Reviewed by Colin Jacobson (July 18, 2019)
Like death and taxes, horror movie sequels exist as an utter inevitability. After 1988’s Child’s Play found a decent audience, it came as no surprise that Child’s Play 2 followed in 1990.
Set a couple of years after the first film’s horrific events, young Andy (Alex Vincent) ends up in foster care. His mom got sent to a psychiatric hospital, so he needs new adult supervision.
In addition, Play Pals – the company that created the “Good Guys” doll that terrorized Andy and others two years earlier – tries to overcome their bad publicity. Though Andy and his mom largely destroyed their Chucky doll, the Play Pals honchos order it reconstructed to prove it lacked the capability to achieve the violence Andy and his mom claimed.
Unsurprisingly, this goes awry. Still possessed by the spirit of homicidal maniac Charles Lee Ray (Brad Dourif), Chucky comes back to life and pursues Andy, as he wants to take over the boy’s body for his own insidious ends.
Whereas the first film got a boost from the novelty of its concept, Play 2 lacks the same potential impact. As a sequel, surprise doesn’t fall on its side, so it needs to find something new to entertain audiences.
Which Play 2 largely fails to do. While it creates a moderately entertaining tale, it doesn’t break new ground.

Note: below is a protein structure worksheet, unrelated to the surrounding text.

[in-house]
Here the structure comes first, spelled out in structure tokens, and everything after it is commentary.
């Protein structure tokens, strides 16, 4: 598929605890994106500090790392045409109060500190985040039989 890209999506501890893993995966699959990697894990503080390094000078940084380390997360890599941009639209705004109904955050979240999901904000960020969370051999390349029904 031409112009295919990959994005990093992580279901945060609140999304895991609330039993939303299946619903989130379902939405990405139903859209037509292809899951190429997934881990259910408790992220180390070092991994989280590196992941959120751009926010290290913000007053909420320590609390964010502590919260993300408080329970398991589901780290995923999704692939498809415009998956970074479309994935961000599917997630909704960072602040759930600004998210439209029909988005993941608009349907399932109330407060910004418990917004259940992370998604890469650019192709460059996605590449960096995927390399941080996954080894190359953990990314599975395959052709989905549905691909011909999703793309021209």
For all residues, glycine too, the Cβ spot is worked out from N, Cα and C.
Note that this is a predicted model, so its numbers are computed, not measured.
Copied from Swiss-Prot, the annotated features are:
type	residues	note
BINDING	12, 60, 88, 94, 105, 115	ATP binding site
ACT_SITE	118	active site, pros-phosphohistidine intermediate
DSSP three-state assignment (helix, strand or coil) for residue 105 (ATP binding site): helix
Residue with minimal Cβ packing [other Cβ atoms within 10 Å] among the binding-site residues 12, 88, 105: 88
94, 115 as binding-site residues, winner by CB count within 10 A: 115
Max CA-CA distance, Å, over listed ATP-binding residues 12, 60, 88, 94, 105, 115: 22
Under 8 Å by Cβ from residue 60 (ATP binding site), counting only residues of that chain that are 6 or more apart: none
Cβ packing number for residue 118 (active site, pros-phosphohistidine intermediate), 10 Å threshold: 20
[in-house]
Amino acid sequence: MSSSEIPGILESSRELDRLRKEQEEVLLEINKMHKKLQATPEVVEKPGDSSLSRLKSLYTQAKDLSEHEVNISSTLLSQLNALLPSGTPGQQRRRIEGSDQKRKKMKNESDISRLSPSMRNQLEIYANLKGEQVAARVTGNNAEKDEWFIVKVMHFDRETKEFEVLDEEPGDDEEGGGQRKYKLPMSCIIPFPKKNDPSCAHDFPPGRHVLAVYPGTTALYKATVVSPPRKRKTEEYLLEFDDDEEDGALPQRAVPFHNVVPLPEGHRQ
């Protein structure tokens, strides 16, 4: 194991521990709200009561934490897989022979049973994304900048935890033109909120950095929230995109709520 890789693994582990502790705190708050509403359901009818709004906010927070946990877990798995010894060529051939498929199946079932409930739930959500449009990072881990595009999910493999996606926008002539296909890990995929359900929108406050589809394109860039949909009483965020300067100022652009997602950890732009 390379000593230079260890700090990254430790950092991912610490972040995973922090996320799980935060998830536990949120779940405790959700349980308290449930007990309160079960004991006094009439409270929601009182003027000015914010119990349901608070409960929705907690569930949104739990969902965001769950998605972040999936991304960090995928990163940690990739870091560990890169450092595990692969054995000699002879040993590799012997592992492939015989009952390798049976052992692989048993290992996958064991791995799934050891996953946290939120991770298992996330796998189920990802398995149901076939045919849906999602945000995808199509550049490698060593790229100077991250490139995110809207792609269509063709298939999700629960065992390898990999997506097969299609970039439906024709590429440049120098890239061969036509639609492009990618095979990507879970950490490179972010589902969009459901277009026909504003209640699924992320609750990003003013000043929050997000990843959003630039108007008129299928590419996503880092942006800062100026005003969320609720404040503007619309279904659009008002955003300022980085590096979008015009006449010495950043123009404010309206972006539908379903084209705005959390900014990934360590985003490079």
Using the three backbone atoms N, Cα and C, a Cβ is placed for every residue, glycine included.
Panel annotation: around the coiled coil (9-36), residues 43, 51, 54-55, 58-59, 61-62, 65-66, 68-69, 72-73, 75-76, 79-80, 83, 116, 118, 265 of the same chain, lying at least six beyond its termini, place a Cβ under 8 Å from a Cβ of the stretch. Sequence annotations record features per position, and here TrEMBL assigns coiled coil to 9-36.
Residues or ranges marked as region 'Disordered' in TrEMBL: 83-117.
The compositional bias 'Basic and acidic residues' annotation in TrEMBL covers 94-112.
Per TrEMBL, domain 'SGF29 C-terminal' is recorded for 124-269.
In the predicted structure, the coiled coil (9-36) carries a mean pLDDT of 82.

A lot of Play 2 dances perilously close to remake territory. In the first flick, Andy knew Chucky killed people but no one believes him. In the sequel, Andy knows Chucky kills people but no one believes him.
Any changes in this theme feel like windowdressing. Andy’s shift from his mom’s care to a foster environment offers some potential twists, but it feels like Andy ends up in an alternate placement more to bring in new victims than to motivate the plot.
The movie’s main charms come from the cackling menace Dourif adds to Chucky, and that side of Play 2 works fine. Having seen how much Chucky dominates the more recent sequels, though, it can feel strange to see how relatively little he does here.
Dourif gets a decent-sized part, but he doesn’t give us as much as one might anticipate. Still, Dourif delivers his potentially silly one-liners with aplomb and creates the most vivid aspects of the movie. Like the prior flick, Play 2 doesn’t give Chucky the same room for comedy as later efforts, but Dourif makes the most of his opportunities.
In the original, Vincent provided a passable presence as Andy, and that remains the case here. Two years older, the boy might present slightly stronger acting than in the first flick, but don’t expect much. He remains adequate in the role and that’s about it.
Play 2 comes with fairly good talent in the other roles, as we find semi-names like Jenny Agutter, Gerrit Graham, Beth Grant, Grace Zabriskie and others. None of them do much with their roles, but they add a bit of credibility to the project.
I think Play 2 loses points due to its inherent redundancy. Too much of it feels like an echo of the prior film, and a few minor twists do too little to alter that formula.
At a brisk 83 minutes, Play 2 goes by quickly enough to keep us with it, so as uncreative as it may be, it remains watchable. It just can’t develop into anything more memorable or dynamic than that.